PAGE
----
EU Bans All Animal-Tested Cosmetics

Do your students enjoy reading the news in English? Do you look for different topics from the news that might interest your students? We have a topic that will get your students talking! This topic is based on a news story from the Huffington Post.

Setting an Example

The European Union has officially banned the sale of all new cosmetics that have been tested on animals. This ban is a bit different than the ban that has already been in effect in the EU since 2009. The new 2013 ban includes testing for toxicity that could lead to serious health effects such as cancer (previously allowed). The ban also extends to imported cosmetics. Cosmetic companies worldwide that want to sell products in the EU will have to prove that their products are safe to humans without using animal testing. Old cosmetic products tested on animals that are already on the shelves in the EU will not be pulled, however. More in this BBC article…

Some people in the cosmetic industry say that this new ban will mean that the cosmetic industry will no longer remain innovative.  

“by implementing the ban at this time, the European Union is jeopardizing the industry’s ability to innovate” ~ Bertil Heerink, Cosmetics Europe chief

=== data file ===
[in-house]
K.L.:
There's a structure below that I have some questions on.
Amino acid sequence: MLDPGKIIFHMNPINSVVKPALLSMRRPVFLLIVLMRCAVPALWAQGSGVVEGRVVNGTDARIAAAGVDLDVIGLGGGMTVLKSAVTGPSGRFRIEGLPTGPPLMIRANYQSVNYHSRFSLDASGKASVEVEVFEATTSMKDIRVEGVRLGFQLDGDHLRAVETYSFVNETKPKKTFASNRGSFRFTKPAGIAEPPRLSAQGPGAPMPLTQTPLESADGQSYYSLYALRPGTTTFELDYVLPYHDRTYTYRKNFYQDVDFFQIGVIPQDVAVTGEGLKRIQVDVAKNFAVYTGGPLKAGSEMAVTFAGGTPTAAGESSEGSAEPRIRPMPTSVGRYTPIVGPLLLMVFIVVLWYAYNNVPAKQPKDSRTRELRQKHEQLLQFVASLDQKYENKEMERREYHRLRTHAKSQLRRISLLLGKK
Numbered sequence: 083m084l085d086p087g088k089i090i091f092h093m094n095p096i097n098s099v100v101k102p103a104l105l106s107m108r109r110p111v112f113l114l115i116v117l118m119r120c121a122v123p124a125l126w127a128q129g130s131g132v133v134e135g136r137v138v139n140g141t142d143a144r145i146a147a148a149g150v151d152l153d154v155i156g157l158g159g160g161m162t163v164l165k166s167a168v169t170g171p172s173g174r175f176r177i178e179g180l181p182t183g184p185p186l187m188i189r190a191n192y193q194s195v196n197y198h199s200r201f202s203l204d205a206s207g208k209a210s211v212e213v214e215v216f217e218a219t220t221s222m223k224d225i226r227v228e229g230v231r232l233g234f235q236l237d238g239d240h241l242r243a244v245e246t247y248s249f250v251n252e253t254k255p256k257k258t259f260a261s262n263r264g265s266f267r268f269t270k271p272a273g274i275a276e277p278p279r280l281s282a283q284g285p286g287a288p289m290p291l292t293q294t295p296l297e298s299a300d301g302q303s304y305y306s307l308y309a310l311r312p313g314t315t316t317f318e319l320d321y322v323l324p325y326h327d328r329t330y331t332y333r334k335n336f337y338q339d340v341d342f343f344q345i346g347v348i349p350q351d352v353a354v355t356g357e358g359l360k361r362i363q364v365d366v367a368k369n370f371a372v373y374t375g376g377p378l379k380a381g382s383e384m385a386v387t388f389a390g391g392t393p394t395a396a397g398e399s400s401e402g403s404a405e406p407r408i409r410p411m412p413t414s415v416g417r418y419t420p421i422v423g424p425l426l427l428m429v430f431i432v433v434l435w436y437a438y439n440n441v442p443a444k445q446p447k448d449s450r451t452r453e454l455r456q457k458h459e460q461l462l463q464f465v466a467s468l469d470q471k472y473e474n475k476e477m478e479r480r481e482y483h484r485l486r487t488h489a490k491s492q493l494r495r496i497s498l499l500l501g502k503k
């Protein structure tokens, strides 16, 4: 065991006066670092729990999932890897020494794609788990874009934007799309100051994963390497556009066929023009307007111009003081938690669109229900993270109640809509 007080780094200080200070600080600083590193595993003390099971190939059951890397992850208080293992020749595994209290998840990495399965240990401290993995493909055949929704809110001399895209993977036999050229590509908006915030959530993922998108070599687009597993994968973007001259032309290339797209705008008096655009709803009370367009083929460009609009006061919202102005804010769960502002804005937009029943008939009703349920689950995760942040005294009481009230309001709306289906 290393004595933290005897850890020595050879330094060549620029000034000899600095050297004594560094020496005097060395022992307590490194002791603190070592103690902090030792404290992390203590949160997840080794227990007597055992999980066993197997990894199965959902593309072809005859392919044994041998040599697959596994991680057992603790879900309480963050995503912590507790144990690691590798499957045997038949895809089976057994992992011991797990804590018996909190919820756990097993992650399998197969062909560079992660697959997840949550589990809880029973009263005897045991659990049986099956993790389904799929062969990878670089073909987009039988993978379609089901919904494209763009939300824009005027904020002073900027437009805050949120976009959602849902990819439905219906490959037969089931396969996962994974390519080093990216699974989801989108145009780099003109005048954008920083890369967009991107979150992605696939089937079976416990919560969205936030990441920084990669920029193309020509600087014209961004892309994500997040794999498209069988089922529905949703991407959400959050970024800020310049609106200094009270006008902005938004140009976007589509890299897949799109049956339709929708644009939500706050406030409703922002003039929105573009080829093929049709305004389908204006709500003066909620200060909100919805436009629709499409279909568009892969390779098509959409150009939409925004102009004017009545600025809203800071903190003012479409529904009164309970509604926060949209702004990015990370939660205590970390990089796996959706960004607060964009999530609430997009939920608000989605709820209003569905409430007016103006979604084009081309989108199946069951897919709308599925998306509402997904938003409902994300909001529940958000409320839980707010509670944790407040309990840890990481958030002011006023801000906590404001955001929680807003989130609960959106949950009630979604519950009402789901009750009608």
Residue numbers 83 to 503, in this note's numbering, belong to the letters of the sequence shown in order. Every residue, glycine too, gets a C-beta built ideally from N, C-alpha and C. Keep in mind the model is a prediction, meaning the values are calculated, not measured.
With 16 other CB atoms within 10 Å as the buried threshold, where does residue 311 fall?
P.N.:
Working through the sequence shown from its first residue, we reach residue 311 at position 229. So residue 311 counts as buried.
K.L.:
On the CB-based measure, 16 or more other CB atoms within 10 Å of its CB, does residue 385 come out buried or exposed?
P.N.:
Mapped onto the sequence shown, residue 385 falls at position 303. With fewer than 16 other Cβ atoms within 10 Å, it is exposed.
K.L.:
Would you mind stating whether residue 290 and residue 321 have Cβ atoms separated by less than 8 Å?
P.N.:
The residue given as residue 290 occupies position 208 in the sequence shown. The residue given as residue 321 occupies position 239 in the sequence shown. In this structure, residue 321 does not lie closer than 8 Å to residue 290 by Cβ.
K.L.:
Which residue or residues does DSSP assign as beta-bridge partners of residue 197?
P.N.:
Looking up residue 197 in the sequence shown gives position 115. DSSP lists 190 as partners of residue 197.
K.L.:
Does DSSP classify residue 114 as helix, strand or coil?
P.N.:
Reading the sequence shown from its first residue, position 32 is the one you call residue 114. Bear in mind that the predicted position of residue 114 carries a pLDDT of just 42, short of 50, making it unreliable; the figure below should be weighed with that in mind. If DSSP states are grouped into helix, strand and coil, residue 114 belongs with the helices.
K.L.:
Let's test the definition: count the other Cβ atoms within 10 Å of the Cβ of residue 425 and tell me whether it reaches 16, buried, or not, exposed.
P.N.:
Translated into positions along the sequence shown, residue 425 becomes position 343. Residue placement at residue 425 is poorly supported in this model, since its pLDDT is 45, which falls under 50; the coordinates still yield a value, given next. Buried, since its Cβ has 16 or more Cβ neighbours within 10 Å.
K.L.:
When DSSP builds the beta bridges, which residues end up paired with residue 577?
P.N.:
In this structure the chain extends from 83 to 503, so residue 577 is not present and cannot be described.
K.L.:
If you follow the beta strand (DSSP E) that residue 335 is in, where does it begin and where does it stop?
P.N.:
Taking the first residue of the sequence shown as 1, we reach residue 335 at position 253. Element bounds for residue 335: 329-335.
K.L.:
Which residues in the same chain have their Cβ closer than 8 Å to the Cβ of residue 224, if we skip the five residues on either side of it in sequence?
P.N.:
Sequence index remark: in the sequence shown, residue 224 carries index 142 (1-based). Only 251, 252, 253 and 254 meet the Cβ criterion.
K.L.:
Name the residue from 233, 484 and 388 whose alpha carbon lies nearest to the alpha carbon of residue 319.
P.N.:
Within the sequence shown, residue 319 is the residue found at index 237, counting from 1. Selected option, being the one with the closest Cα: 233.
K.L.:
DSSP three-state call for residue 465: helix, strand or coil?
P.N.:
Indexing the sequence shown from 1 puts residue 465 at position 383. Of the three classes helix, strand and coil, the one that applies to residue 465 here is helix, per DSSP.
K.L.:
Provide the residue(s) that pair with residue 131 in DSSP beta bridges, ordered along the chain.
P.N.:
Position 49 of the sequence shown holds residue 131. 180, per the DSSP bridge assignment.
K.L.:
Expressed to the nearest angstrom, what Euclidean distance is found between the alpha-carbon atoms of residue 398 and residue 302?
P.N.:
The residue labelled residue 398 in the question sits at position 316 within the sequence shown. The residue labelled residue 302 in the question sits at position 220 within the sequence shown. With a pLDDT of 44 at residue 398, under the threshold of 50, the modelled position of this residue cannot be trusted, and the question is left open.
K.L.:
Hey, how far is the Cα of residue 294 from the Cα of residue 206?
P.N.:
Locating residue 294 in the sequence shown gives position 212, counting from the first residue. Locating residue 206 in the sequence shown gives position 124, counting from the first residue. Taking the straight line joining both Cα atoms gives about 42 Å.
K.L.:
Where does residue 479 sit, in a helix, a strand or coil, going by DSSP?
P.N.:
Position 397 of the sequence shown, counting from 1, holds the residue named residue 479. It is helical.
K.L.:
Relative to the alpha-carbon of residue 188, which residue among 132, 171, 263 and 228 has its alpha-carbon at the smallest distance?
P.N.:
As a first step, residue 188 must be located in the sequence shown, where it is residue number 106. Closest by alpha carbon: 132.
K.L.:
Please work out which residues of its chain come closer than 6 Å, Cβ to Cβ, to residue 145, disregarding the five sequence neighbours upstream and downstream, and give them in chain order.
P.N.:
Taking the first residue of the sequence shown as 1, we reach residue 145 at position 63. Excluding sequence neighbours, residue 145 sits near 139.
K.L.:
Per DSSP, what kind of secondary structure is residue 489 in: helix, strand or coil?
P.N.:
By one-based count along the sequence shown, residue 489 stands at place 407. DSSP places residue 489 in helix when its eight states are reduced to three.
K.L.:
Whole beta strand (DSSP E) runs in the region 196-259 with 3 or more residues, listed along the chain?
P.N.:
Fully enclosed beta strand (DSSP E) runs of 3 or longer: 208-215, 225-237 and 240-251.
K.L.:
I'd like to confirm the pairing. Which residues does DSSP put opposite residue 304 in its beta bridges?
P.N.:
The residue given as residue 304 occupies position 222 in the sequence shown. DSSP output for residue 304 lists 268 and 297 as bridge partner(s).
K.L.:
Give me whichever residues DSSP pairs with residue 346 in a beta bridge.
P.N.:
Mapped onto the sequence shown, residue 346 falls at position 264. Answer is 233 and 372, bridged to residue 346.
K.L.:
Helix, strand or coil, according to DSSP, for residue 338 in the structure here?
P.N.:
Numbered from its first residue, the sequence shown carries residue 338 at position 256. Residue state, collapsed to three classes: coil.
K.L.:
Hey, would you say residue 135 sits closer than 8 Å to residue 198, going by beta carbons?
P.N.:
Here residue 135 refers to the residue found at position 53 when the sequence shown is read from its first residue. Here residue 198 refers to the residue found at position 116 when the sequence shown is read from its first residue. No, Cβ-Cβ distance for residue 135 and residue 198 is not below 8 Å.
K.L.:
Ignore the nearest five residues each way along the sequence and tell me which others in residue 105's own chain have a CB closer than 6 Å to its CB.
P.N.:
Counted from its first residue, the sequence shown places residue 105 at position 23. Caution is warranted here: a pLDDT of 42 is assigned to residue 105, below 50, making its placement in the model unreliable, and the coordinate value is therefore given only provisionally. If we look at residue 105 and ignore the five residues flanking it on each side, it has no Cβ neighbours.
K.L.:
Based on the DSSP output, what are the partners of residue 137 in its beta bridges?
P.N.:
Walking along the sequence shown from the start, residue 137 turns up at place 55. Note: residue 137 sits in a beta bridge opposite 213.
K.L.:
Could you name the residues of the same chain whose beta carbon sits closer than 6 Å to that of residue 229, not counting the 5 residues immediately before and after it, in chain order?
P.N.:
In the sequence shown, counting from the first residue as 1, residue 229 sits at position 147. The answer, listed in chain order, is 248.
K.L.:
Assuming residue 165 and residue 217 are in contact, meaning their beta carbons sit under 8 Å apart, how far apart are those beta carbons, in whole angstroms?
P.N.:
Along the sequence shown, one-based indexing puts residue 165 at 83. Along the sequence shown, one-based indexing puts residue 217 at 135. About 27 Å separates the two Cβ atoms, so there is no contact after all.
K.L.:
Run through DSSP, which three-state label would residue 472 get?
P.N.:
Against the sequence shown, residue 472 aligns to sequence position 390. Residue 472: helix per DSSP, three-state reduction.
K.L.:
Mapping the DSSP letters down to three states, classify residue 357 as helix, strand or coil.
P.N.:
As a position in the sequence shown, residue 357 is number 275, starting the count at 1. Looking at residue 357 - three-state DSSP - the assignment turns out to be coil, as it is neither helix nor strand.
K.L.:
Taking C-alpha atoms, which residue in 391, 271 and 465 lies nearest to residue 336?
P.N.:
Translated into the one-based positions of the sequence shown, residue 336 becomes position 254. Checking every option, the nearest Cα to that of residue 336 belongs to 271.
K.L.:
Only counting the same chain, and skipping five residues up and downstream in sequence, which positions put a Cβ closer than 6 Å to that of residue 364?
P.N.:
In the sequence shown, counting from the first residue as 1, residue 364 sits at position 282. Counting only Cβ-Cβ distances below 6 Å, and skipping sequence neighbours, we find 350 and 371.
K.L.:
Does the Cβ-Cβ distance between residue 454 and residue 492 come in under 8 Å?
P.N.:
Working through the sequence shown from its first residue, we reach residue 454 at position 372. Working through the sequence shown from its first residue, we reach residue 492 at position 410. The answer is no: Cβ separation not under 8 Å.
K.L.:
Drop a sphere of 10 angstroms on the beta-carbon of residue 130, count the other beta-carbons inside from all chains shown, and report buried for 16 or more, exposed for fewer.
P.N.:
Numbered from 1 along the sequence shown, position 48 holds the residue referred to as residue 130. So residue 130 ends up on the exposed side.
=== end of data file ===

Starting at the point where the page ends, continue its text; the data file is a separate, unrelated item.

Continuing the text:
Do your students agree or disagree with this quote? 

The Loophole

Do your students know the word “loophole”? Here is a good example of one. Like many laws and bans, this new ban leaves a loophole. New cosmetics made outside the EU may still contain ingredients that have been tested on animals if the ingredients are used in pharmaceuticals or other chemicals. The tricky part is that the companies will have to prove that their finished products are safe without data based on animal testing. More in this New York Times article…

Collocations in English

Here are some common collocations that are found in the Huffington Post article. Whether you choose to paraphrase the article or share it with your students (advanced), these commonly used expressions will be useful when discussing this topic.

  • to take effect immediately
  • to set a good example
  • to believe firmly
  • to generate (X amount of $) in revenue
  • to cheer a decision

The Beauty of a Digital Library

One great thing about using a digital library for your supplementary materials is that you can find materials that are up to date. We updated our Mini-Debates lesson plan on Animal Testing today. The new lesson plan mentions the 2009 EU ban and the 2013 ban. It includes a warmup, a reading, comprehension questions, vocabulary review activities, and debate topics. We hope you’ll give this lesson plan a try in your classroom! Check out our Teacher’s Guide for ideas on using our Mini-Debates lesson plans in class.


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